Jewish World Review May 1, 2000 /26 Nissan, 5760
Both myths derive from the fallacy of believing that what is true of the parts of a whole must also be true of the whole. In the case of financial markets, the fallacy is to believe that just because individuals frequently make mistakes in judgment, misestimate value and fall prey to bouts of euphoria and depression, markets do also.
For three years now, Fed Chairman Alan Greenspan has been warning that "irrational exuberance" on the part of individual investors is causing the stock market to "overprice" equities and create a "market bubble." Not surprisingly, two weeks ago when NASDAQ stock prices plummeted, a chorus of commentators agreed the bubble had burst.
Jude Wanniski, supply-side guru and president of Polyconomics Inc. - who along with Nobel Prize-winning economist Robert Mundell and Art Laffer (of "Laffer Curve" fame) helped lay the groundwork for supply-side economics with his thesis that the Wall Street crash of 1929 was caused by the market's correct judgment that the Smoot-Hawley Tariff Act would become law - advised his Wall Street clients and me as early as March 30 that the NASDAQ sell-off was tied to the April 15 tax deadline, when individual investors would be forced to sell to meet their income-tax liabilities.
After the crash of Friday, April 14, he told us the market would bounce back after the date was behind us: "I would jump in on Monday. The pattern should follow 1999's, when the bottom was hit on April 16 and jumped from there when mass selling pressure was removed."
He was right. In the two trading days after the April 15 date, NASDAQ had its two biggest gains in its history. Jude told me he was willing to risk his bold market call because it is so important that policy-makers resist arguments about market bubbles. When economists cannot explain in their own analytical models why markets crash, or climb, they ask us to believe it is because of the irrationality of the people in the markets, not the flaws in their models.
Wanniski originally laid out his brief for market efficiency in his 1978 book, "The Way the World Works," which National Review last year listed as one of the 100 most influential nonfiction books of the 20th century. It was here that he documented the link between the tariff act and the 1929 crash, which would lead to the Great Depression and World War II. To this day, demand-side academic economists still insist 1929 was merely a speculative bubble. In a client letter he shared with me last week, Wanniski cites Aristotle to demonstrate his point: "As Aristotle observed 2,500 years ago, there is one constant, which is the superior wisdom of the organic mass of people to that of the individuals who comprise it. The opinion of every individual who is in the market or thinking of getting out or getting in is of importance, as illogical or as irrational as they may seem to others.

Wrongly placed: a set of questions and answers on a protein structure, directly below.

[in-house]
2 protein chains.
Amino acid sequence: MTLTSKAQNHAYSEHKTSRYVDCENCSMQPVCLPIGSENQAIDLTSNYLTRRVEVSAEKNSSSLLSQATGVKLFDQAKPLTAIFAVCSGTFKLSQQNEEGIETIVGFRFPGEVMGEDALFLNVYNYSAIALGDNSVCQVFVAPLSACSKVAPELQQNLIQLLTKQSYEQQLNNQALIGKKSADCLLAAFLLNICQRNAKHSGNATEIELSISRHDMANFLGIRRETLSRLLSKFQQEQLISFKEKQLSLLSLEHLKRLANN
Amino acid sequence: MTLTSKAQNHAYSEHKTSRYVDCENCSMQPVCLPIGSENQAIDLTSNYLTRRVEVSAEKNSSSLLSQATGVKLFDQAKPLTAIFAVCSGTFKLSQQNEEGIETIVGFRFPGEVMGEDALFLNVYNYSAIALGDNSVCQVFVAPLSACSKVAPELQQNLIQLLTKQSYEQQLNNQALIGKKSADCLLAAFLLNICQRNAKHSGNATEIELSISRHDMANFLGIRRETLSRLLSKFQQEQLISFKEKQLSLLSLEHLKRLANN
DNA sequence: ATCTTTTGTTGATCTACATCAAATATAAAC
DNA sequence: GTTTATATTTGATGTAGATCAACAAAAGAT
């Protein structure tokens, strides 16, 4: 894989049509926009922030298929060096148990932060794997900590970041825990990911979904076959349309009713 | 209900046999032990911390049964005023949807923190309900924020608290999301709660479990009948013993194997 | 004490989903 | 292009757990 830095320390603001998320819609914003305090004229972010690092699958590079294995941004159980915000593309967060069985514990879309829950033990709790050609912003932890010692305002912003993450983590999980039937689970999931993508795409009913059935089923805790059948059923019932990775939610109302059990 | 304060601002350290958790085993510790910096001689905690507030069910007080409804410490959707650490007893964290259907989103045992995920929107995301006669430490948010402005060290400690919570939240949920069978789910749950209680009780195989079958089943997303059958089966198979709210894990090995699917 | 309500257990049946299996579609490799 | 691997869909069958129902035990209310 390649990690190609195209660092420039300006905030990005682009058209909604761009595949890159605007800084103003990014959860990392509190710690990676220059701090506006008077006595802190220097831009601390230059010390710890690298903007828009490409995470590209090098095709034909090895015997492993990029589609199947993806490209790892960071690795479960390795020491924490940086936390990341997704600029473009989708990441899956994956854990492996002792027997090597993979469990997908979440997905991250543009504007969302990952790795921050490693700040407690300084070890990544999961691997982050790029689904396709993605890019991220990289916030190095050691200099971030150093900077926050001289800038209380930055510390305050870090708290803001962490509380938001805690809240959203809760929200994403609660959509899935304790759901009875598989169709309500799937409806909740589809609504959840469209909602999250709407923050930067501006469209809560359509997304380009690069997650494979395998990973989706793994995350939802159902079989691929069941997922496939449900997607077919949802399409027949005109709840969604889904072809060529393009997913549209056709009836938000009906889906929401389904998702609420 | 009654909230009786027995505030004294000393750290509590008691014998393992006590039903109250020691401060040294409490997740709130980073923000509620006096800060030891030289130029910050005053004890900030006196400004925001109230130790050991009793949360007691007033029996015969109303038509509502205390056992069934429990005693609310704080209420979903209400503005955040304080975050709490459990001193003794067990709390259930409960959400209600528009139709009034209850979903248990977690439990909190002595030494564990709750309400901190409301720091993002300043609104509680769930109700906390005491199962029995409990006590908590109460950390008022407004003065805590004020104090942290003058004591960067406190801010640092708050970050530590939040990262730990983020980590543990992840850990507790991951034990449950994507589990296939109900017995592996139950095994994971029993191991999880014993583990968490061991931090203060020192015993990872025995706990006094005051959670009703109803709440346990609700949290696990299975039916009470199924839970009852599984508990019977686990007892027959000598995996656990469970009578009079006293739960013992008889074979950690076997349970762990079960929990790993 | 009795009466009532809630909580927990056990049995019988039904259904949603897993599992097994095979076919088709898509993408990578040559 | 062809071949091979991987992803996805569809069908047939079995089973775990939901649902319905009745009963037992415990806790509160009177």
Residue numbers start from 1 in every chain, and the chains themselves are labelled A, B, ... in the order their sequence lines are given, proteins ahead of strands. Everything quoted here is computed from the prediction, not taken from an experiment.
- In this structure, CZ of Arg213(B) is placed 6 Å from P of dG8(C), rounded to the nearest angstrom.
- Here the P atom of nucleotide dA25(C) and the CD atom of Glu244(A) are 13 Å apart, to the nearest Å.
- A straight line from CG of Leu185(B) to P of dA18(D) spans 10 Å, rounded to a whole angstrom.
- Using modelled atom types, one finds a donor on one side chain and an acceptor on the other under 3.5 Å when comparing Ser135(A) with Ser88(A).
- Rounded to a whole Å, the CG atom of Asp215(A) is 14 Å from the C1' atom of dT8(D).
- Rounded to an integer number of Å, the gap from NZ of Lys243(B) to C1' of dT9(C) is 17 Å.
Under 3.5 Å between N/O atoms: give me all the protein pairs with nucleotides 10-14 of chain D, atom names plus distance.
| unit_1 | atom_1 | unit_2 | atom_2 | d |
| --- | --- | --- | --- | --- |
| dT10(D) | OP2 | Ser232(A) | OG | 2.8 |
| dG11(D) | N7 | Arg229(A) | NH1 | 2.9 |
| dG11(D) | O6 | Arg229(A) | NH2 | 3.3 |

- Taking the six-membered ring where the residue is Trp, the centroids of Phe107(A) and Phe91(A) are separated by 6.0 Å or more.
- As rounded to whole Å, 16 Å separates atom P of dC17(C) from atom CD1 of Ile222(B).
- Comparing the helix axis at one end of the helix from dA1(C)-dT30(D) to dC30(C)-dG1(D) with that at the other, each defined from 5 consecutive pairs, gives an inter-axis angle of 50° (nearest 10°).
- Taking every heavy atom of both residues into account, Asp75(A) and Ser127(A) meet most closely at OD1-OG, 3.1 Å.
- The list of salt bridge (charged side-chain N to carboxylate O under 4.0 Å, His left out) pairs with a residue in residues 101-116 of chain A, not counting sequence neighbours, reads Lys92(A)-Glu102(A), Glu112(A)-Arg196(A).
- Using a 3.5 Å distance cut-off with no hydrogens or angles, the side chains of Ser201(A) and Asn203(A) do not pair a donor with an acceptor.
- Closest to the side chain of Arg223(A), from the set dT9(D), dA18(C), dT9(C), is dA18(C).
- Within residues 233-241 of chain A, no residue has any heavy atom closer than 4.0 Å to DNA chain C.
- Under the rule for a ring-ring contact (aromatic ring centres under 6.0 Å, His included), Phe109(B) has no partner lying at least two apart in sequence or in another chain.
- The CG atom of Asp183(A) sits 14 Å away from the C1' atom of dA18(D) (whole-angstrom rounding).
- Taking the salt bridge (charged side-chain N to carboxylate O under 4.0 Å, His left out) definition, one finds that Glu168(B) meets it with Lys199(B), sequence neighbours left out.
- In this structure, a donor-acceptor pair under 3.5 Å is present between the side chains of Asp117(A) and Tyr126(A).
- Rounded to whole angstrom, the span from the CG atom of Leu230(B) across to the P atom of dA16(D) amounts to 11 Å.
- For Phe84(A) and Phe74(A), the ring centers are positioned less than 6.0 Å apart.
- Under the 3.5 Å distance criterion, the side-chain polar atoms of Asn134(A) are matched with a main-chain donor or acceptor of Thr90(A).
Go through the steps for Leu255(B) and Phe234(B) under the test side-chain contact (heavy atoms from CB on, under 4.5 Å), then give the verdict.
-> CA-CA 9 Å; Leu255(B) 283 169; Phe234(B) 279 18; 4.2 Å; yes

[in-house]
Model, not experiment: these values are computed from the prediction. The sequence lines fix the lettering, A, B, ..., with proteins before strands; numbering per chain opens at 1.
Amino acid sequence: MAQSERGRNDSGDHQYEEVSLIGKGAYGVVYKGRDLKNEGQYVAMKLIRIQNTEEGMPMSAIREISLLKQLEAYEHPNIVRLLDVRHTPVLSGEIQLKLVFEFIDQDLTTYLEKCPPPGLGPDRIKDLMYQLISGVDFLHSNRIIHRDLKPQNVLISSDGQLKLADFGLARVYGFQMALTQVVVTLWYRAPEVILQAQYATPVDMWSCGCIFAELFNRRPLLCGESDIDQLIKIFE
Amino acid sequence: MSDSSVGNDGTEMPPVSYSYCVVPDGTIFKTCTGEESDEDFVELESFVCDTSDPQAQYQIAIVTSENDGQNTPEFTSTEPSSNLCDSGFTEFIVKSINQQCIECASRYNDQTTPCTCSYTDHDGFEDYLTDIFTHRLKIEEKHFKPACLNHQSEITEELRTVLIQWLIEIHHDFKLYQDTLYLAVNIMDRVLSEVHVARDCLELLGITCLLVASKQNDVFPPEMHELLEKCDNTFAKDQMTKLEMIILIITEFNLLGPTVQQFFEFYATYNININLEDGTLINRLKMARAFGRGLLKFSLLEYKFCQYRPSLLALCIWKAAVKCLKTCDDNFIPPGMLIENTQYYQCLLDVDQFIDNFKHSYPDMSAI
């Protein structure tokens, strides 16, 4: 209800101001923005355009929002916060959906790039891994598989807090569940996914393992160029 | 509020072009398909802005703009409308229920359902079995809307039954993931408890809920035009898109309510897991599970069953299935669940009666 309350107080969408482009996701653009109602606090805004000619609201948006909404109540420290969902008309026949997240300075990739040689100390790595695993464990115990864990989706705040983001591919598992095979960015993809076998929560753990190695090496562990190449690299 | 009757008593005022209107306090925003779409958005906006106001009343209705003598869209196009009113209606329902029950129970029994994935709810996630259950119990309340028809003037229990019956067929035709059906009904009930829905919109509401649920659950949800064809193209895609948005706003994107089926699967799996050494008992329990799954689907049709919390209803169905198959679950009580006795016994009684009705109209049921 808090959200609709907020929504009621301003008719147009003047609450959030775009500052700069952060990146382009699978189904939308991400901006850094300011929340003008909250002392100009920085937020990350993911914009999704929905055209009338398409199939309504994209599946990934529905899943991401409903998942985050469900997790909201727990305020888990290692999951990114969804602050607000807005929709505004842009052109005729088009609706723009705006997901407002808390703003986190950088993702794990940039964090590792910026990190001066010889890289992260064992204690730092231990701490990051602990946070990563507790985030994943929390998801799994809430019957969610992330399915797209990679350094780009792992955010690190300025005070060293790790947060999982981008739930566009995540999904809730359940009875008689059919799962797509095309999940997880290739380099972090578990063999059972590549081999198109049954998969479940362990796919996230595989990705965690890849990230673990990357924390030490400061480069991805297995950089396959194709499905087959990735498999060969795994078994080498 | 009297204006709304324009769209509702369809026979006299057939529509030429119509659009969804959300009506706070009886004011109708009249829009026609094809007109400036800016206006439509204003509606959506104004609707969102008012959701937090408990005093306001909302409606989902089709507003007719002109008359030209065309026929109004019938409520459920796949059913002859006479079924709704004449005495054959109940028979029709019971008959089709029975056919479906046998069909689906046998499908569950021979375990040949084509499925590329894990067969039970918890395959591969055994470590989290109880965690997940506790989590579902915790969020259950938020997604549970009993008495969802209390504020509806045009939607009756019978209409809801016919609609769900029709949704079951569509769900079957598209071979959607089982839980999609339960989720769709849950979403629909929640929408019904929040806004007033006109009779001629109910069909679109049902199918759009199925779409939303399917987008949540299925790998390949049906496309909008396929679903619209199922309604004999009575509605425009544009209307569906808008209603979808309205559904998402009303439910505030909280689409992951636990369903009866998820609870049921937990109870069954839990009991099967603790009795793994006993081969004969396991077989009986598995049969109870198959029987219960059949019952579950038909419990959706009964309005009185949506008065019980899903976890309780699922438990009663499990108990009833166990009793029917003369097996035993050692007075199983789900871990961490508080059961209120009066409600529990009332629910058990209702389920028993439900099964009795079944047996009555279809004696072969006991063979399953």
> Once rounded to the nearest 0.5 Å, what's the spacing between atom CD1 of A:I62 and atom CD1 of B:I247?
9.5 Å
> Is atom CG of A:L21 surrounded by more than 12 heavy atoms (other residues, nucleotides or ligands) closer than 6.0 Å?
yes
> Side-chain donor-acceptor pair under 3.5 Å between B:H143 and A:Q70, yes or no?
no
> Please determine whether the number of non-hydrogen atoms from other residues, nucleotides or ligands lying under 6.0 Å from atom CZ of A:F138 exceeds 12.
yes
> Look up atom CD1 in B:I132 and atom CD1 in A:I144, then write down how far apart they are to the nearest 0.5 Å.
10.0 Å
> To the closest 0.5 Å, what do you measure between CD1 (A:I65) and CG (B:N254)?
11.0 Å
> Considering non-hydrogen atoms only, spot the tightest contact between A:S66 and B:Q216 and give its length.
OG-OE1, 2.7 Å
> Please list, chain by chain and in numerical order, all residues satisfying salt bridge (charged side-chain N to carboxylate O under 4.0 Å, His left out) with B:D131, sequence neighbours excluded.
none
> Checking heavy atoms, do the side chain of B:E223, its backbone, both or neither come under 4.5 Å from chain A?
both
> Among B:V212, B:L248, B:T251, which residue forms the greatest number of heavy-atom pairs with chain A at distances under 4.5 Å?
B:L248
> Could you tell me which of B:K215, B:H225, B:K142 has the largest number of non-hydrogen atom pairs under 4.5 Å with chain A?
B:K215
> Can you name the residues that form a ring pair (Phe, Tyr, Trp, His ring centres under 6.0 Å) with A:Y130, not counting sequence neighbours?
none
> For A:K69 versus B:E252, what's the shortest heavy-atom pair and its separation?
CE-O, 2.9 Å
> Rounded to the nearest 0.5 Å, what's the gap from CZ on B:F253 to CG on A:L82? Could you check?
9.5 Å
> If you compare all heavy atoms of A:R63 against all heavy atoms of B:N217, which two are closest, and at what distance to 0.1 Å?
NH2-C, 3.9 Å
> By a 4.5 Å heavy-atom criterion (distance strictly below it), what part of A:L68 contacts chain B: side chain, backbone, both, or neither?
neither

"The market is rational and efficient in assessing risks and opportunities, based on the information available to it. If this were not true, the market could not set prices on goods and services through the law of supply and demand, nor on the underlying shares of corporations producing them. Capital could not be allocated effectively by the market, which would mean that market capitalism could not compete against wise men who could do it more effectively in government planning boards. It was the belief that the 1929 crash was such a 'bubble' that led to the New Deal government planners."
Does all of this mean the stock market is out of the woods? Hardly. As Laffer points out, there are four "prosperity killers" that could still bring the expansion to an abrupt end if policy-makers make a mistake: monetary, tax, regulatory or trade policies that block economic growth and global commerce.
Given a Congress and president insistent on retiring debt and refusing to cut tax rates, a Fed determined to slow economic growth, a Justice Department fanatical to penalize corporate success at Microsoft under the guise of "trust-busting" and a bipartisan faction in search of a trade war with China, all four prosperity killers are live threats to the stock market and our prosperity.
The continued belief in mythological "market bubbles" and "demand-push inflationary spirals" does more to threaten our prosperity than any amount of euphoria and exuberance that individual investors might exhibit. For after all, when private investors exhibit exuberance, irrational or otherwise, they are playing with their own money.
But when government "wise men" display their hubris in believing they can improve on market
outcomes by manipulating incentives and rewards from work, saving and investment, they are
playing with our money, our property and our country's future. I'm with Wanniski on this one.
Markets know better than government "wise men" the way the world
© 2000, Copley News Service